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Singapore’s Ageing Population: The Financial Implications Of Our Country Growing Old

What happens when older people in Singapore starts outnumbering younger folks?

This article was written in partnership with the Ministry of Finance. Views expressed are the independent opinion of

Similar to other developed societies, Singaporeans are living longer and the population is ageing. But it’s not just that. With slowing population growth, our workforce is maturing and shrinking at the same time. What do such trends mean to us, and what can be done about it? Let’s find out.

Definition Of An Ageing Population?

An ageing population simply means the country’s population as a whole is getting older, with more elderly members and fewer younger people. In general, the natural replacement rate should be 2.1 babies per woman. However, Singapore’s fertility rate stands at 1.2, far from what is required to maintain a steady population level.

What Happens When Our Population Grows Old?

The challenges that arise from an ageing population may seem too abstract to affect us individually. However, all of us are going to be part of an ageing society. We can compare Singapore’s ageing population to similar situations that we face at home.

Less Working Adults To Support More Older People

According to, Singapore has about 4.7 citizens of working age (20 – 64) in 2016 for every 1 older adult (65 and above). This is a significant decline from 10 years ago, where we had 6.9 citizens per older adult. By 2030, our country is expected to have only 2.3 citizens of working age per older adult.


Think about this from our own perspectives. During our grandparents’ era, it was common for families to have five or more children. As a result, when they became older, they had multiple offspring whom they could rely on.

Today, households tend to be much smaller. Many families may have just one or two children. This means that when the parents become older, the responsibility of caring for them would fall on the shoulders of just the one or two children.

Similarly, as our population start to grey (as we all will one day), younger citizens will have to shoulder more responsibility to care for a larger group of older citizens, compared to earlier generations.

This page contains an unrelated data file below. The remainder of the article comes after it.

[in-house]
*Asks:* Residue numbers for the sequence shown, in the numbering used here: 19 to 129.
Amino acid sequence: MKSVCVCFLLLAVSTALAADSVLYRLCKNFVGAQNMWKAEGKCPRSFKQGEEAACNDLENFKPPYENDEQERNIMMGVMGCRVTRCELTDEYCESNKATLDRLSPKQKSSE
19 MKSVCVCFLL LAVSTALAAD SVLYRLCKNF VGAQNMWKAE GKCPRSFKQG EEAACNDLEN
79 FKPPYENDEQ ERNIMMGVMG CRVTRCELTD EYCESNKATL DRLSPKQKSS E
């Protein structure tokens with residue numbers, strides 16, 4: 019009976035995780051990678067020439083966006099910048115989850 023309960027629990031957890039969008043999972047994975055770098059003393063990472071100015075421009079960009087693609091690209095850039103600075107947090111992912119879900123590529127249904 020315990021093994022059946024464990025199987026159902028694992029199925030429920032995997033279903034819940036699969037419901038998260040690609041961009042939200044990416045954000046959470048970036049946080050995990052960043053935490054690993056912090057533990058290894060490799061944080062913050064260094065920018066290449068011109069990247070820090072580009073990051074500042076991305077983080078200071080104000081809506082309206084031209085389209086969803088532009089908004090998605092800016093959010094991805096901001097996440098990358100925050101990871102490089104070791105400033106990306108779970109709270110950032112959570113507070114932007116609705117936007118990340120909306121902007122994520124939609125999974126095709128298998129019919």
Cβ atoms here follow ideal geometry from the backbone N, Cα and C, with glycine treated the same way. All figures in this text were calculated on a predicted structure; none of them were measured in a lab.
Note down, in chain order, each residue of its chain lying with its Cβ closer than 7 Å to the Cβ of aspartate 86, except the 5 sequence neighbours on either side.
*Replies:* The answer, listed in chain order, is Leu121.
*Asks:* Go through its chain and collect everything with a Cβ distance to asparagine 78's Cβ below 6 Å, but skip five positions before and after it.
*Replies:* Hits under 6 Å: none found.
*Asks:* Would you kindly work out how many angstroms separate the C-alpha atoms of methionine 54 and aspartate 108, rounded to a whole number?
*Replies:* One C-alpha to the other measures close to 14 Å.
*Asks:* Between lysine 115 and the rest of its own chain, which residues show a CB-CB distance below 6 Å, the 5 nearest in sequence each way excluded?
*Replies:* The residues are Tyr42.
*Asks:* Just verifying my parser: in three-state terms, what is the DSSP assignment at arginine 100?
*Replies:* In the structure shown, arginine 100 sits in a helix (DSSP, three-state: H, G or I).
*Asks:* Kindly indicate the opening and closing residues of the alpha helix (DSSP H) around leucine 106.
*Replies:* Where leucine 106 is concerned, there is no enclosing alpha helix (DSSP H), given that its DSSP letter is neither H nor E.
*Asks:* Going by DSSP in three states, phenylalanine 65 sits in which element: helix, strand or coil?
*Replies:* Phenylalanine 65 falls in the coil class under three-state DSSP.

Increase In Healthcare Expenses

As we become older, our healthcare expenses are expected to increase. It could be the costs of medical screening, treatments, hospitalisation, or medicine.

Coupled with having fewer working adults in the family to support each older member, the cost burden on each adult becomes even higher. Not only does the family have to cope with higher overall healthcare expenses, but there are fewer working adults to share the burden.

This challenge is similar to what we now face in Singapore. The Government’s budget on healthcare has increased quickly, doubling from $4 billion in 2010 to about $10 billion in 2017, and this trend is likely to continue as our population continues to age, coupled with increasing life expectancy.

Less Workers, Less Vibrant Economy

What does an economy with fewer working adults look like?

First, with a smaller pool of available workers, companies, both local and foreign, may choose to locate their operations overseas, especially if there is a shortage of skills and talent locally.

Second, unless productivity per worker improves, having fewer workers will result in lower overall output. This could translate into a lower GDP, a less competitive economy and, over time, perhaps even negative economic growth. None of them are ideal outcomes for Singapore.

Once this happens, tax revenue will start declining as well. This means the country may not sustain its current fiscal spending, let alone have sufficient resources to care for an ageing population.